Perspective: Running Rings around Lies; A Major Insurance Company Has Recently Revealed Plans to Use Telephone Lie Detectors in an Attempt to Clamp Down on Fraudulent Claims. but What Exactly Does a Lie Detector Test Involve and Can the Results Be Trusted? Ross Reyburn and Claire Hills Speak to Scientists to Find Out

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Byline: Ross Reyburn and Claire Hills

Guilty-looking suspects wired up and under pressure is how cinema portrays the lie detector test.

Whether it's Sharon Stone remaining cool under lie detector pressure in Basic Instinct or Robert De Niro hooking a nervous Ben Stiller up to a machine in Meet The Parents, the test appears torturous for the non-guilty and easy to rig for the dishonest.

But now many more of us face having our untruths uncovered after a British company, Highway Insurance, admitted it was preparing to use telephone lie detector tests to help filter false claimants out of the system. But how effective are they?

The proper name for this sort of lie detection is a polygraph test. In fact, contrary to popular belief, the term lie detector test is incorrect.

'The polygraph does not detect lies - it measures the arousal which may be the result of lying,' declares Dr Keith Ashcroft, an Edinburgh-based forensic scientist.

The term polygraph means, literally, many writings and relates to the way the machine measures changes that take place in the body. These include sweating in the palms, blood pressure and respiration, which is measured using sensors placed around the chest and/or the abdomen. The test also measures blood flow, normally through a finger.

Individuals taking a polygraph test are normally asked a series of comparison question tests to assess their reactions to two different types of questions. One type would be a relevant question such as: 'Did you rob the bank?' The other would be one such as: 'Before the age of 20 did you ever lie to get yourself out of trouble?'

The theory is that guilty people will produce a larger response to the relevant question than those who are innocent, Ashcroft says. So their palms would probably sweat more than their innocent counterparts.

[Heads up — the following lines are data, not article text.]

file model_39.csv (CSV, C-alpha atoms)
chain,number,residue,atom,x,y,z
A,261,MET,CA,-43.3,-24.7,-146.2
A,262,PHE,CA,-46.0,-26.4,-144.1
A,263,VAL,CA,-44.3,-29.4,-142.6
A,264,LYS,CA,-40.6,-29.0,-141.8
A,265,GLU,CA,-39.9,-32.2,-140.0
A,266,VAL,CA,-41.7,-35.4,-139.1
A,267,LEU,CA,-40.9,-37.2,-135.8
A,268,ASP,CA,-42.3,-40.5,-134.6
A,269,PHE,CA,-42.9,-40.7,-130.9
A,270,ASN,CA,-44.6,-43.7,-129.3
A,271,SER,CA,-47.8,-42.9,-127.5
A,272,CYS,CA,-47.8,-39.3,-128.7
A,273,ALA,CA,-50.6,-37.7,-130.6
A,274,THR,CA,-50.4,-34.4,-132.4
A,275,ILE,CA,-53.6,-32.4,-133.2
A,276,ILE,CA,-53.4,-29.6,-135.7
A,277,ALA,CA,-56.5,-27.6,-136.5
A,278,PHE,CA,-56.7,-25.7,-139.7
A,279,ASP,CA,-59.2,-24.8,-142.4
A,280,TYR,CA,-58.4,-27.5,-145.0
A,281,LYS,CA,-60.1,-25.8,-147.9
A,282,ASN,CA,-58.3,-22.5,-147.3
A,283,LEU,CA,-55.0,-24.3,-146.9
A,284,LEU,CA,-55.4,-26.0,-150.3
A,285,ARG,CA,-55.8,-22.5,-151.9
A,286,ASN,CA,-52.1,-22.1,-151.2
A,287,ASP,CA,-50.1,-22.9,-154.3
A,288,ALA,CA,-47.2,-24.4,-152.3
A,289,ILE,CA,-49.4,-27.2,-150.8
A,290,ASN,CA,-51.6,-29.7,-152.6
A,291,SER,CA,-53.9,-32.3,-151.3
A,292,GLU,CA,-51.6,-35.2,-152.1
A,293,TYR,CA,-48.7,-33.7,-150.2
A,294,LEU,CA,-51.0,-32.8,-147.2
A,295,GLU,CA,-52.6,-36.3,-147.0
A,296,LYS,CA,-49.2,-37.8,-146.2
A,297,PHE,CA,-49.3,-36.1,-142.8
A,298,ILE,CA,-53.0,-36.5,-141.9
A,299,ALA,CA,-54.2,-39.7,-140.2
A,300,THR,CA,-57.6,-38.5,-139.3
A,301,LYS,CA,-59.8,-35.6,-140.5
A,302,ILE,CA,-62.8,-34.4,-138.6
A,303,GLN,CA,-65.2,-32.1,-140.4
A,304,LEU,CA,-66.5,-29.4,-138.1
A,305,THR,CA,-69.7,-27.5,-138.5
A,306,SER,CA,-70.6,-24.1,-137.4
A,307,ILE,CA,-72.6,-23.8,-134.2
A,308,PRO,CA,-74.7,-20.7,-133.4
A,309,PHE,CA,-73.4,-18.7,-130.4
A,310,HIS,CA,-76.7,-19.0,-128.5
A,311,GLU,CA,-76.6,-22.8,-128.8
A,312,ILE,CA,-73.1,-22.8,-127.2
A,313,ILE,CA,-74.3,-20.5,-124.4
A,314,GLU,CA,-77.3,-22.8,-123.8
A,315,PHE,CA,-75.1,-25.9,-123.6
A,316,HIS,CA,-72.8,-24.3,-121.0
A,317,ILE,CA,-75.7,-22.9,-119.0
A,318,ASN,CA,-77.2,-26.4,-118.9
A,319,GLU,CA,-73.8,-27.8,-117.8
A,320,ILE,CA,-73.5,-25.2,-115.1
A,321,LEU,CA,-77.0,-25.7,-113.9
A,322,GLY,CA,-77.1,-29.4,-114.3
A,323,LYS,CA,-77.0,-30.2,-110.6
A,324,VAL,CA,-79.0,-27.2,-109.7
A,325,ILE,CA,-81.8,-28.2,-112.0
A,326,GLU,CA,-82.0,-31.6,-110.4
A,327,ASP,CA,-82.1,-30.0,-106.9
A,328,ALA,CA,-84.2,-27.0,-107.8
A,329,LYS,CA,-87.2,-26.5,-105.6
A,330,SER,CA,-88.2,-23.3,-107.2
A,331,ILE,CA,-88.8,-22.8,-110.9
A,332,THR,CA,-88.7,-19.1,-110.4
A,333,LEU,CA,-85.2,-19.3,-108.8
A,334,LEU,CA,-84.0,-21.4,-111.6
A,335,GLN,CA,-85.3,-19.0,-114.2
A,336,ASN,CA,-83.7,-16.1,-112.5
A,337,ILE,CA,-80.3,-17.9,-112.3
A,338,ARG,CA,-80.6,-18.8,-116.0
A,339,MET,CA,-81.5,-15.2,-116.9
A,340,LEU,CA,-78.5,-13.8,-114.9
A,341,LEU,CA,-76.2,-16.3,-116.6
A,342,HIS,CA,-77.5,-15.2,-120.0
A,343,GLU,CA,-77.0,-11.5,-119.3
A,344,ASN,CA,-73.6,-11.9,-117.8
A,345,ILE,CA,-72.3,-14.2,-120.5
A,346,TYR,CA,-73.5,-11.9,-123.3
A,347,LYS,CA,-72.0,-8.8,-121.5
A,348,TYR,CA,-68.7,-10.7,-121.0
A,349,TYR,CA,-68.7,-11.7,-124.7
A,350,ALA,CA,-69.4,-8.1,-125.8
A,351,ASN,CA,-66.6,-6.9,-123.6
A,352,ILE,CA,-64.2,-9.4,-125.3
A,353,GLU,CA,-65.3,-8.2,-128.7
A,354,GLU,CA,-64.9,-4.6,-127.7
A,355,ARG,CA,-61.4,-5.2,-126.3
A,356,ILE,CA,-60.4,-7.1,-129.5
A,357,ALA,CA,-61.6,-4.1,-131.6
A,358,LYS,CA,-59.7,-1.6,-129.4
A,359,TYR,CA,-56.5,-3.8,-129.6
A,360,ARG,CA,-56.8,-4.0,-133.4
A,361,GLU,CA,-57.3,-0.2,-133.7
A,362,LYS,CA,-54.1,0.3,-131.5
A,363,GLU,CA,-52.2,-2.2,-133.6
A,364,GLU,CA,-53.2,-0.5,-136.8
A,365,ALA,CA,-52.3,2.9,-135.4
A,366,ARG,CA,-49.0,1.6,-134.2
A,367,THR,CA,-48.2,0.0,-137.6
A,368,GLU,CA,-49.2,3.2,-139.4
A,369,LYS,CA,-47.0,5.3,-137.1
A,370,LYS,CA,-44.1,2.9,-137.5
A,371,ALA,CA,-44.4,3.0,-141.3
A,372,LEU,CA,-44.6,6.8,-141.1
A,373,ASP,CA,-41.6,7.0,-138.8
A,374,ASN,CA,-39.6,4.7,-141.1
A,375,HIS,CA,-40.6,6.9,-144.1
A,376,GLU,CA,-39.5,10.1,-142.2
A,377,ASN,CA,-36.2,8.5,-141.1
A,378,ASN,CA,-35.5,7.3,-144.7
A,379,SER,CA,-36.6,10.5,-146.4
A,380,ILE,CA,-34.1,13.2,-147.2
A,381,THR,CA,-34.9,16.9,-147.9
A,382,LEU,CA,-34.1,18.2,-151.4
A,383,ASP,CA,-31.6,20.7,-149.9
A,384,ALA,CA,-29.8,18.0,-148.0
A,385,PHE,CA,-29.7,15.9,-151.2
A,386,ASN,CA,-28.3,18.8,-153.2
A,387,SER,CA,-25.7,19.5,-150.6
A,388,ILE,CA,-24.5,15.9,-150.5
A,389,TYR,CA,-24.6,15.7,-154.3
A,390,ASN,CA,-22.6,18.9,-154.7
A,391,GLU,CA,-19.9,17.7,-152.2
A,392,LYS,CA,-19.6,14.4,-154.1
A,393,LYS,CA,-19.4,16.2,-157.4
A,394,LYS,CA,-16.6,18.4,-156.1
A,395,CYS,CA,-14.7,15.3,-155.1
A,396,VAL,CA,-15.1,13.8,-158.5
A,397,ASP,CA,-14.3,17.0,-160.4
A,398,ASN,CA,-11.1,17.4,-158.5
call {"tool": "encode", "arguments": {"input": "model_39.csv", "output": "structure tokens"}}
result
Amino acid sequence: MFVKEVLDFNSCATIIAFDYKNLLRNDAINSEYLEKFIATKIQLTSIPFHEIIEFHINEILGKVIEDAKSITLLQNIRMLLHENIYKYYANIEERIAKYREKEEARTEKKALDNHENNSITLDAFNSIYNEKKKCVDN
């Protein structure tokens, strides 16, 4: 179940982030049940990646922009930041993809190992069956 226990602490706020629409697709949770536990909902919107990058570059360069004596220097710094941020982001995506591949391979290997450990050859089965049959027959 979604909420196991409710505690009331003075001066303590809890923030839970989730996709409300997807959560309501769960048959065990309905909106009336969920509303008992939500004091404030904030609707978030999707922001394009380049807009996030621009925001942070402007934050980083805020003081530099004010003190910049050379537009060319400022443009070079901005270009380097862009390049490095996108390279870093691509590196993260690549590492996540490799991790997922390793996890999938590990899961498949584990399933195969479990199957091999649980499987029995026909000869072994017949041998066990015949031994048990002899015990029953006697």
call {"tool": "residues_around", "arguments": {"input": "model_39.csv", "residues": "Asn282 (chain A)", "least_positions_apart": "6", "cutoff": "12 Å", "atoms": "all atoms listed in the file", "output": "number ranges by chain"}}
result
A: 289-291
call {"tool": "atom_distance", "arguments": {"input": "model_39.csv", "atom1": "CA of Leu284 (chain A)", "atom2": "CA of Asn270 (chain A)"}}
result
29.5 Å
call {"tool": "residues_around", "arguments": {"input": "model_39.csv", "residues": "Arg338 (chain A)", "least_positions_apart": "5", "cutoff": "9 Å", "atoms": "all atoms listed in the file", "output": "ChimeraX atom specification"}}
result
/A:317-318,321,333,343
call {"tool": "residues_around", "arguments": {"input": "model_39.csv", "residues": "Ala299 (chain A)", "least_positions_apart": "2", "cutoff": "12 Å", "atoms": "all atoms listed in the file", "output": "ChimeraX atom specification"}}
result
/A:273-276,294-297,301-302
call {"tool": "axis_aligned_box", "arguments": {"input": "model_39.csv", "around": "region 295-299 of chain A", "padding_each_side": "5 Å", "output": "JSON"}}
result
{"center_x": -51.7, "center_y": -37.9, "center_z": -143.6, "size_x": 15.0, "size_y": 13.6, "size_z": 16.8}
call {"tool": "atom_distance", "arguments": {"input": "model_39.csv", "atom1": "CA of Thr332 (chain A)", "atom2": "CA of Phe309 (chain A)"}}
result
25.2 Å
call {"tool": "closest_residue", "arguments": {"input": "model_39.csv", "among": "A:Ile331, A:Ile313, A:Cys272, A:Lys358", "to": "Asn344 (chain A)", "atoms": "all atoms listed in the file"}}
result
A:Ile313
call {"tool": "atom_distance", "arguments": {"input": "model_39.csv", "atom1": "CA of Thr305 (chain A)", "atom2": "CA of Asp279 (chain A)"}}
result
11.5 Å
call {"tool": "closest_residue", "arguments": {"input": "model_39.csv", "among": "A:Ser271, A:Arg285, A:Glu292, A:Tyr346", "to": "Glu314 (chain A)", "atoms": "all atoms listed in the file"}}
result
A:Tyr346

Once the interrogation is over the results can be fully analysed. Research has shown the test to be very accurate at pin-pointing truth-tellers from deceivers, he believes. 'It is about 90 per cent accurate in detecting people who are lying,' he says.

The results can be analysed either manually or by using a computer. The latter provides the most accurate results, according to Ashcroft. 'The electronics are contained within a small unit, attached to the computer,' he explains. The sensors which monitor sweat and breathing levels, heart rate, body movement and blood pressure are all connected to the box.

Computer technology allows complex techniques to be used to assess the results. Computer analysis is much more accurate than assessments done by people as computers can store more information. Another benefit is that it takes far less time for an accurate result to be obtained.

But the type of test set to be used by Highway Insurance differs from traditional methods as it concentrates solely on the voice. 'Features of language you can look at include changes in the voice pitch, but there is no hard scientific proof that it is indicative of lying,' Ashcroft warns.

He is currently researching the technology in conjunction with Dr Hans-Georg Rill of Johannes Gutenberg University in Maniz, Germany. They are attempting to find out exactly how reliable results from tests conducted over the telephone can be.

Mr David Alexander, the fraud investigation partner for business consultants KPMG in Birmingham, doesn't view lie detectors as having a future here.

'I haven't come across lie detectors being used by British companies,' he said. …